Such regulations will also drive companies to do a better job handling customer data, said David McGuire, director of communications for the Center for Democracy and Technology, also in Washington. "We need a national privacy regulation put in place that lays out the groundwork for companies when they collect this sort of data, and were currently seeing efforts in Congress to that end," McGuire said. "In addition to setting a base line for how people will be able to protect themselves, this legislation will force companies to work to better understand their role in protecting data upfront, rather than after they make a mistake."Despite those efforts, however, tougher laws may not inspire every organization to get its act together, said Douglas Rosinski, plaintiffs attorney in one of the two cases being brought against the VA. The group represented by Rosinski, who works for the law firm of Ogletree, Deakins, Nash, Smoak & Stewart, of Columbia, S.C., is demanding financial damages for individuals affected by the data loss, along with enforcement of stricter guidelines. According to information in the complaint, the VA employee whose laptop was stolen had been taking the personal information home routinely for at least three years despite organizational policies that forbid it. "Even though the federal government has been after the VA to do something about this for years, its clear they felt they could thumb their noses at the existing regulations," said Rosinski. "This wasnt an issue of ignorance; it was an issue of people who refused to improve data security policies even when told to do so." eWeek Senior Writer Wayne Rash contributed to this story. Check out eWEEK.coms for the latest security news, reviews and analysis. And for insights on security coverage around the Web, take a look at eWEEK.com Security Center Editor Larry Seltzers Weblog.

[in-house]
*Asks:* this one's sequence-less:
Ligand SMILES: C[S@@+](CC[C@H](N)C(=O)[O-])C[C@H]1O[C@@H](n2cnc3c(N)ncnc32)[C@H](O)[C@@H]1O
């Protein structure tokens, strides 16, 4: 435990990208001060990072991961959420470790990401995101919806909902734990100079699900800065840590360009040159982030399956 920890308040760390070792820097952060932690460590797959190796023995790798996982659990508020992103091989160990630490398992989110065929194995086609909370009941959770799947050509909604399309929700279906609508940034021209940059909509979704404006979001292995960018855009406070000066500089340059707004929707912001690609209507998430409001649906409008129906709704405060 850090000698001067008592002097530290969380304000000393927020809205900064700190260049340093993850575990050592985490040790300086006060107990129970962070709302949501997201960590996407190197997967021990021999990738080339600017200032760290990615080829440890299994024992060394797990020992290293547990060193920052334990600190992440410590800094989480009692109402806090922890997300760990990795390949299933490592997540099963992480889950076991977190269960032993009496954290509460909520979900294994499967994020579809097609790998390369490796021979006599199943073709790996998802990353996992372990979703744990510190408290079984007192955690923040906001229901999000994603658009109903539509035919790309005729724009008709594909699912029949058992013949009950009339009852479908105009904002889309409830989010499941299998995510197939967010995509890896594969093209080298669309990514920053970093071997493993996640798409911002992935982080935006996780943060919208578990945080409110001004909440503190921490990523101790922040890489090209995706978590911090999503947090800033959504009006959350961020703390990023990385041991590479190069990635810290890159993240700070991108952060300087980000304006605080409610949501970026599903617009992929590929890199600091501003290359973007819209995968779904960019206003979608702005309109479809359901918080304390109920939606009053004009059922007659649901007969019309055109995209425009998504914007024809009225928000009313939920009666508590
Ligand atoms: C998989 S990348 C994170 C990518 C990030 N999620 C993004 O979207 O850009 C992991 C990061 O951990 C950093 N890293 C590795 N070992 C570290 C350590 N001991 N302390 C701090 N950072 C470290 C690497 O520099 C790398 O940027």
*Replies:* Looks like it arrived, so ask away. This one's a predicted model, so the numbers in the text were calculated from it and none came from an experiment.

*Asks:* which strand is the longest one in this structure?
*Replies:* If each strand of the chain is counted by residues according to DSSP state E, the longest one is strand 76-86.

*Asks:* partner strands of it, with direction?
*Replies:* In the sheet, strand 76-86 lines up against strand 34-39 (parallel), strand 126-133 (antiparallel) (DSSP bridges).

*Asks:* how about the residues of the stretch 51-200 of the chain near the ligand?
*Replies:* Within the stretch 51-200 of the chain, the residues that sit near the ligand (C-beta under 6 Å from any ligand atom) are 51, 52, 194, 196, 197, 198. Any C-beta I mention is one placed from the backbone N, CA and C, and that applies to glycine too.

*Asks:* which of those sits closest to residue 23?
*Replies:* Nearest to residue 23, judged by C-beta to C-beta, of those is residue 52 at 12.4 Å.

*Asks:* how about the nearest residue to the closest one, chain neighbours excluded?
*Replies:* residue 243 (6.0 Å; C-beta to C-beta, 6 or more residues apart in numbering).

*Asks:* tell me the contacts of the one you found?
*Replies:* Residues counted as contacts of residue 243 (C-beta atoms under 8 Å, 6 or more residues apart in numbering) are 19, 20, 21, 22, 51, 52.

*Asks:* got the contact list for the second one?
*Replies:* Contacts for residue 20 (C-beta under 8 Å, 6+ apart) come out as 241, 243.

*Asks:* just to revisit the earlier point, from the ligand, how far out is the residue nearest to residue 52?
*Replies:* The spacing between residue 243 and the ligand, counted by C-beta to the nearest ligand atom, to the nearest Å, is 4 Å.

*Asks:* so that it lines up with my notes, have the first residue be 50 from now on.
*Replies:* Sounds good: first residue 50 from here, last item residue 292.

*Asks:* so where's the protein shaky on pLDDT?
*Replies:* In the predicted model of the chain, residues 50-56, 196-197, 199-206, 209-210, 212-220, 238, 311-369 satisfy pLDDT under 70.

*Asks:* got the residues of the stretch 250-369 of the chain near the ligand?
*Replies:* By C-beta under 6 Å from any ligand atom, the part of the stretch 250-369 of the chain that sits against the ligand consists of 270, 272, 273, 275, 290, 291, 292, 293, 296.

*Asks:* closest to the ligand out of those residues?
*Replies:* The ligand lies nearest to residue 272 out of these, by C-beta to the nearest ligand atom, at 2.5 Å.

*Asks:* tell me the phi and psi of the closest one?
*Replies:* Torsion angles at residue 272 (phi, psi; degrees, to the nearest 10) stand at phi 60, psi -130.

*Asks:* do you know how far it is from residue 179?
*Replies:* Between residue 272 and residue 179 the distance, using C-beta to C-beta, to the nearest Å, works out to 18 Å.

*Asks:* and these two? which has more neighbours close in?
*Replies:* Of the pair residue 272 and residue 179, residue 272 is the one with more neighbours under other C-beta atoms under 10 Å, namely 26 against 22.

A laptop containing personal information of roughly 65,000 YMCA members is stolen from a Providence, R.I., facility. Click here to read more.